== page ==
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Iteration Planning

Overview#

Iteration Planning is for the Delivery Team to commit to the completion of a set of the highest-ranked product backlog items.

This commitment defines the Sprint Backlog and is based on the team's velocity or capacity and the length of the Sprint.

Who Is Involved?#

Iteration Planning is a collaborative effort involving these roles:

Before The Iteration Planning#

Before getting started, ensure:

Equal Opportunity Backlog#

The Product Backlog addresses new functionality and fixes to existing functionality. The order in which a Product Backlog item is scheduled is completely independent of its ancestry.

For the purpose of Iteration Planning, the important characteristics for a product backlog item are:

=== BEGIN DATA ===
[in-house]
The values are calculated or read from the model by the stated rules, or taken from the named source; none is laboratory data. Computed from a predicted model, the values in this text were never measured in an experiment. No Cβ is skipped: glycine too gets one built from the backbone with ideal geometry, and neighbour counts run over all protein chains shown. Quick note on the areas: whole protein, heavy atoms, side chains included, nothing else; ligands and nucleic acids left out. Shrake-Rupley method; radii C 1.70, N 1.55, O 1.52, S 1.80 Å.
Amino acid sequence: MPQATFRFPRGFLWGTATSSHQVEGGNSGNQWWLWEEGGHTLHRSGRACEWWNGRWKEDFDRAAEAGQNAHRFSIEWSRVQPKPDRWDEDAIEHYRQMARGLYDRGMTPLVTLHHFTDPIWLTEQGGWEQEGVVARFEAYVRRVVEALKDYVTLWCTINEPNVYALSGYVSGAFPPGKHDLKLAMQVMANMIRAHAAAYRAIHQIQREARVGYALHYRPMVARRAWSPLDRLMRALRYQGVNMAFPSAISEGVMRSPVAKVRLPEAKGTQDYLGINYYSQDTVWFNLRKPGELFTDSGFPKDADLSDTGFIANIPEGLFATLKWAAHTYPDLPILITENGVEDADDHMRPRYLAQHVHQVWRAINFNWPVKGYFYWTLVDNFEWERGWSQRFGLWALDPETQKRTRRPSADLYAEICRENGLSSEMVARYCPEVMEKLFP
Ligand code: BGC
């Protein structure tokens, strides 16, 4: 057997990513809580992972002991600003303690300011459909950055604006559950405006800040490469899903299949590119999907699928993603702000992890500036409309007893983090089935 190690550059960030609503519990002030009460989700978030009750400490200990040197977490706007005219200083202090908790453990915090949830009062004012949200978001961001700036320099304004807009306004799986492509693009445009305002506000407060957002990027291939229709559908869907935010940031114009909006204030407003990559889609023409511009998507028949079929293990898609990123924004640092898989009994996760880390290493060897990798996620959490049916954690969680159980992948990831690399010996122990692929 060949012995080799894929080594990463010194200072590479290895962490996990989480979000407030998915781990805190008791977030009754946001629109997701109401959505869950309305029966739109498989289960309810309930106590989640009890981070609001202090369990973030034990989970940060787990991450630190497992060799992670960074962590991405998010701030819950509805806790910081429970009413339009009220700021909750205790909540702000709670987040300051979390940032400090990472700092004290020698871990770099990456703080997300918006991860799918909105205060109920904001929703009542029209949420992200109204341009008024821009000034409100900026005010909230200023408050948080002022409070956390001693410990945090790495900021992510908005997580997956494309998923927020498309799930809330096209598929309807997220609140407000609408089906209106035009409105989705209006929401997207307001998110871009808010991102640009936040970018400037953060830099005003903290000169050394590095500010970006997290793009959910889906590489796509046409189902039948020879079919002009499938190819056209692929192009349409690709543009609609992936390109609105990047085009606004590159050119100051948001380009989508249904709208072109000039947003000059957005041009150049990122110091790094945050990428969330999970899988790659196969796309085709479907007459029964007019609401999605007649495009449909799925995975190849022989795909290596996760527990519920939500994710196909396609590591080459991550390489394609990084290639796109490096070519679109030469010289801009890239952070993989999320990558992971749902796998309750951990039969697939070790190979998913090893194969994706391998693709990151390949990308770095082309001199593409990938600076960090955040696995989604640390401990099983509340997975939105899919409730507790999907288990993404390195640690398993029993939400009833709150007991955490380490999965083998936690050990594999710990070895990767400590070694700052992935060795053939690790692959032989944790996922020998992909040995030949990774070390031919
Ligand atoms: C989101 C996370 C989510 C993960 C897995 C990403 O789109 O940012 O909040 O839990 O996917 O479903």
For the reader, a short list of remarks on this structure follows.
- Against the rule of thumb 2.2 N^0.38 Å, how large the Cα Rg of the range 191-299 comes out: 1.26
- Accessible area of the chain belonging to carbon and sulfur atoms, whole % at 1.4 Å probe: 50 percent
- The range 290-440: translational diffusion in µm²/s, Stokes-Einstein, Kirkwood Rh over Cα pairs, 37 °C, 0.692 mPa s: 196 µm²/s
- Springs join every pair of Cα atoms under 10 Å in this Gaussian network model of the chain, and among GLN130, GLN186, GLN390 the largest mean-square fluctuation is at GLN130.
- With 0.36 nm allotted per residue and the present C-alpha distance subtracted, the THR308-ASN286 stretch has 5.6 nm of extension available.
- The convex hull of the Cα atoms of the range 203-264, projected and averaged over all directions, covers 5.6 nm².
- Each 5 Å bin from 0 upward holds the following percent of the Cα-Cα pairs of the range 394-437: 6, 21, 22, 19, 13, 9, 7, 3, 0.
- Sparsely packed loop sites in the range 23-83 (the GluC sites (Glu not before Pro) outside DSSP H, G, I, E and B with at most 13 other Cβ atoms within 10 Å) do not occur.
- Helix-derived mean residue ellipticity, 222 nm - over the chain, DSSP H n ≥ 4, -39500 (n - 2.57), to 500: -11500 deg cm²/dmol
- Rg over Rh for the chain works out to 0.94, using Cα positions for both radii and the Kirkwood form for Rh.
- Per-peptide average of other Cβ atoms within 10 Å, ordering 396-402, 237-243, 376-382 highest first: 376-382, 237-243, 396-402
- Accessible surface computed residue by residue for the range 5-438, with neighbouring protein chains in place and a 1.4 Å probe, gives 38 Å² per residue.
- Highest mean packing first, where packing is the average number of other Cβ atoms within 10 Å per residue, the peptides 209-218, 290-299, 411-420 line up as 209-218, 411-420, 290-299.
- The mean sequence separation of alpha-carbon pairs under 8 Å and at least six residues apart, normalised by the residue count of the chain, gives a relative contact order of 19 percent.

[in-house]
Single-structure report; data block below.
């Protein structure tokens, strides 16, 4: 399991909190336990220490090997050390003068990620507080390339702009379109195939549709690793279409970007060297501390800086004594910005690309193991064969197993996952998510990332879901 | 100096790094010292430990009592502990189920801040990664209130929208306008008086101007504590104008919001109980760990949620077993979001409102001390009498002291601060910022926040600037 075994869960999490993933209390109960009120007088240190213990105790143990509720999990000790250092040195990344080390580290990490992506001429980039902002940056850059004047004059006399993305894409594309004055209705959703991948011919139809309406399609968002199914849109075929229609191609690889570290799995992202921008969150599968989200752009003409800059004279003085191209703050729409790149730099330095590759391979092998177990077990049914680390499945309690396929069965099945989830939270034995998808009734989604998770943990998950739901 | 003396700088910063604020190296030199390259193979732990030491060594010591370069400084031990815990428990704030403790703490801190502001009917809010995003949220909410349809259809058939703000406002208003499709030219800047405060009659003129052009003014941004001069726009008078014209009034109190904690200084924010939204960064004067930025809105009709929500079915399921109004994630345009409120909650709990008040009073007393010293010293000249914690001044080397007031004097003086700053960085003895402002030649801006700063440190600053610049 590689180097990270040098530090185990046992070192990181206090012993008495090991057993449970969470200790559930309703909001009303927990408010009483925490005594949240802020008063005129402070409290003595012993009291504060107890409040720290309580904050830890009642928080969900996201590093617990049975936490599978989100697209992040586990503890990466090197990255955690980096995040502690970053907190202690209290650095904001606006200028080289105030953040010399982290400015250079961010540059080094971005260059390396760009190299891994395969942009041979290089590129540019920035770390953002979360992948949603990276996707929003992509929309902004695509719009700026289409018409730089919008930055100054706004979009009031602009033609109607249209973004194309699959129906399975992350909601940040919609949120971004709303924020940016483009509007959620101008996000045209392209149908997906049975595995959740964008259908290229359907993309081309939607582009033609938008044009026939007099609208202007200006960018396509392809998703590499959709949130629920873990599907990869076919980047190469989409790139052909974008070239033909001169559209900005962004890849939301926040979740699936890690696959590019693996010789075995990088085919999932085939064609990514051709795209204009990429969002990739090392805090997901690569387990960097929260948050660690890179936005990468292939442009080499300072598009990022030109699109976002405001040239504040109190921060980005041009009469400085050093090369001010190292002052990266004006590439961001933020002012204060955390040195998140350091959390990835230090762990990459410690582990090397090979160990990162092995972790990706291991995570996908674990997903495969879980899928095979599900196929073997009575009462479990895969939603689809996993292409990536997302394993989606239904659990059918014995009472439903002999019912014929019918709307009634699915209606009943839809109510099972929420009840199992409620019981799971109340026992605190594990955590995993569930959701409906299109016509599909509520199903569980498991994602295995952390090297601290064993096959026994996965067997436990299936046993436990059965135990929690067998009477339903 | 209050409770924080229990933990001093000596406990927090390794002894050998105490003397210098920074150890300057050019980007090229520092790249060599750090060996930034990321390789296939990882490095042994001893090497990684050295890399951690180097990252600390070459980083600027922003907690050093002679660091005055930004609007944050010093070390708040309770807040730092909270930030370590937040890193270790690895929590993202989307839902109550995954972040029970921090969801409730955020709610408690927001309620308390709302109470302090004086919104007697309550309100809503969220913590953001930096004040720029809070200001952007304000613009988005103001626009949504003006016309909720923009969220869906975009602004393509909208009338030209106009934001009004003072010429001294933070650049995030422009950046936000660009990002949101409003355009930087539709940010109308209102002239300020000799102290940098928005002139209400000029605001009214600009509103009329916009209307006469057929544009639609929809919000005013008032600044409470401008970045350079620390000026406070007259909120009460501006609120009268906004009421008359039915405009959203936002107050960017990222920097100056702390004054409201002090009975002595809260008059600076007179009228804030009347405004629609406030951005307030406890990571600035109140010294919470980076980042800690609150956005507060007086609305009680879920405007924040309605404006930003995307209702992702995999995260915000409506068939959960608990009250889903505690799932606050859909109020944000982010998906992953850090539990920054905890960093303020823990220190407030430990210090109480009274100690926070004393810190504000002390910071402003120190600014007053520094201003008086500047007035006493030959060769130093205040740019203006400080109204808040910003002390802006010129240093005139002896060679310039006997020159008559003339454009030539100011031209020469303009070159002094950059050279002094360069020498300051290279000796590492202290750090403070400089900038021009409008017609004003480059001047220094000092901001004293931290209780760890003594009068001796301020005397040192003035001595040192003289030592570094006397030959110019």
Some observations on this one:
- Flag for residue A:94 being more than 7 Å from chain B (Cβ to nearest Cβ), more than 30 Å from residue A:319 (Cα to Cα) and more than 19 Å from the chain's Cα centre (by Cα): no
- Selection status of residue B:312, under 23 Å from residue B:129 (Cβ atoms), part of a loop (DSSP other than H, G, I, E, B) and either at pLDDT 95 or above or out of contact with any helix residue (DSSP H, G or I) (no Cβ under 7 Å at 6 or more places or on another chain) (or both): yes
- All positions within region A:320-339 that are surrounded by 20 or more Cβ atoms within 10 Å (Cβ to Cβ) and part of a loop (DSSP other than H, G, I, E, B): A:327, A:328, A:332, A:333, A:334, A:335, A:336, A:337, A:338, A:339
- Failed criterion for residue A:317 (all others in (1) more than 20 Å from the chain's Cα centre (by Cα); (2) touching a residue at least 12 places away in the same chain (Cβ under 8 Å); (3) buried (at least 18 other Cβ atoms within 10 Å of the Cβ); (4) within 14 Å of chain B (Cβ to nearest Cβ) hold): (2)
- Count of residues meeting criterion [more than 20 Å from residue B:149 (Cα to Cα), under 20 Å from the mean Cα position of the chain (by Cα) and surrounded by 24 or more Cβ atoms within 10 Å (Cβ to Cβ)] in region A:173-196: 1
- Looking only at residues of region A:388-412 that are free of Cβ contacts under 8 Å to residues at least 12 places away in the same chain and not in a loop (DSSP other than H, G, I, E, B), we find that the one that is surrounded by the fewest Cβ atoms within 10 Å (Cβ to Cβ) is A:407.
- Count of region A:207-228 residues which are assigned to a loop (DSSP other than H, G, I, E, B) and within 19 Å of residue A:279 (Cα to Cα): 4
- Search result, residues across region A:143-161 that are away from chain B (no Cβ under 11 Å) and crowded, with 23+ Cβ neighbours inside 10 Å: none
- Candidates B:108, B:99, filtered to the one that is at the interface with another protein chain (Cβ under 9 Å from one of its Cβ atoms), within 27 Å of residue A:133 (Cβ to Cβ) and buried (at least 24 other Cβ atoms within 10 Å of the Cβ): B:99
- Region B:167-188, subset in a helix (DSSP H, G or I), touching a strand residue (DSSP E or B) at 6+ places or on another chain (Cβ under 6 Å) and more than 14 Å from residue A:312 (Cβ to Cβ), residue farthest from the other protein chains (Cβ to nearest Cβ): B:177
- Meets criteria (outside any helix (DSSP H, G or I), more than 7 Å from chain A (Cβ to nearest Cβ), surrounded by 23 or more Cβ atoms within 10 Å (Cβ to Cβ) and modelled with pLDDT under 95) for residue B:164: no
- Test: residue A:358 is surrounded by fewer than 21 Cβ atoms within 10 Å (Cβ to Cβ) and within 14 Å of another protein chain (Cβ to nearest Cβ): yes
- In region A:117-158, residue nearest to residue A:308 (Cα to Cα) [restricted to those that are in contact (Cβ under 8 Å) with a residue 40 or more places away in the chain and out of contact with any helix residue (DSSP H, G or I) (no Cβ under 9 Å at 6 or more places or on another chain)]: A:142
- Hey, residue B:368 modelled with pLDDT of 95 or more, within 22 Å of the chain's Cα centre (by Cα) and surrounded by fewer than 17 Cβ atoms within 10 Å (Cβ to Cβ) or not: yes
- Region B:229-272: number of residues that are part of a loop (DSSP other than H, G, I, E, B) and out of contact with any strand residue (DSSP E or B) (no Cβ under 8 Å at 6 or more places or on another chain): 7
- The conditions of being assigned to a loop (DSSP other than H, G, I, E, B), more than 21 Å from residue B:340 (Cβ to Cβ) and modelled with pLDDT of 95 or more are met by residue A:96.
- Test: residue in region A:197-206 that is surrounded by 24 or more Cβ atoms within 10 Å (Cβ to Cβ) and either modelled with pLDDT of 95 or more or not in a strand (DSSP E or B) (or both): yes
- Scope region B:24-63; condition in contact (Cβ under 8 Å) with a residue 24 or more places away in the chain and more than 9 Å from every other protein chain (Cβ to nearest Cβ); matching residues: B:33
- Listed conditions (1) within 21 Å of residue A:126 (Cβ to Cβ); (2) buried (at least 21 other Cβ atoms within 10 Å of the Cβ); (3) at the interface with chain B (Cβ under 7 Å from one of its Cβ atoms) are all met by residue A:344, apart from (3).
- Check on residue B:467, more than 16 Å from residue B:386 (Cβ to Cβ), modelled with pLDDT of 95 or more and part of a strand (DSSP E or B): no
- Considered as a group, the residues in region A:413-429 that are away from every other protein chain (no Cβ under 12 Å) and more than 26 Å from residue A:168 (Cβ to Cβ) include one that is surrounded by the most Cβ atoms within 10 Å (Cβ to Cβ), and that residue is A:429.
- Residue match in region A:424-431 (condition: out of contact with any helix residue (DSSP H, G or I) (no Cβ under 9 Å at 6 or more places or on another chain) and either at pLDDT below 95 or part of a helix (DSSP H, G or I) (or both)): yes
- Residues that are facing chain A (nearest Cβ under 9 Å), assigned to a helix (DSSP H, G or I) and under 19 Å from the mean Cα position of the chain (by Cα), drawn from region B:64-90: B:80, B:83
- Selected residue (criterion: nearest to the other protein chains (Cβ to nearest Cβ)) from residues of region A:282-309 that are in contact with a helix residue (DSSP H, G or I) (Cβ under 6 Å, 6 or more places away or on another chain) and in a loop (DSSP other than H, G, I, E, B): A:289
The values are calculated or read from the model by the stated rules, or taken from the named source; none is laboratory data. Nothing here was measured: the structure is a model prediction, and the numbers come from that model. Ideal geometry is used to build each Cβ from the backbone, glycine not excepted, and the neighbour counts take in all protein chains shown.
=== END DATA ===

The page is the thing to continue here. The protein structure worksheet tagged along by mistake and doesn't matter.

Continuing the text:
• It is small enough to be completed in the sprint
  • We can verify it has been implemented correctly

Right-Size Backlog Items#

Product Backlog items too large to be completed in an Sprint need to be split into smaller pieces. The best way to split Product Backlog items is by Business value, not by process.

If we can split a Product Backlog item so that its children deliver value, then our iterations incrementally deliver value. If you split by process, then we impact time-to-market because value is not delivered until all the children are complete.

Compound stories can be easily split through disaggregation. Complex stories present a different challenge. Bill Wake enumerates twenty techniques

Using Velocity and Capacity for Iteration Planning#

Mature teams can use Using Velocity and Capacity for Iteration Planning

More Information#

There might be more information for this subject on one of the following: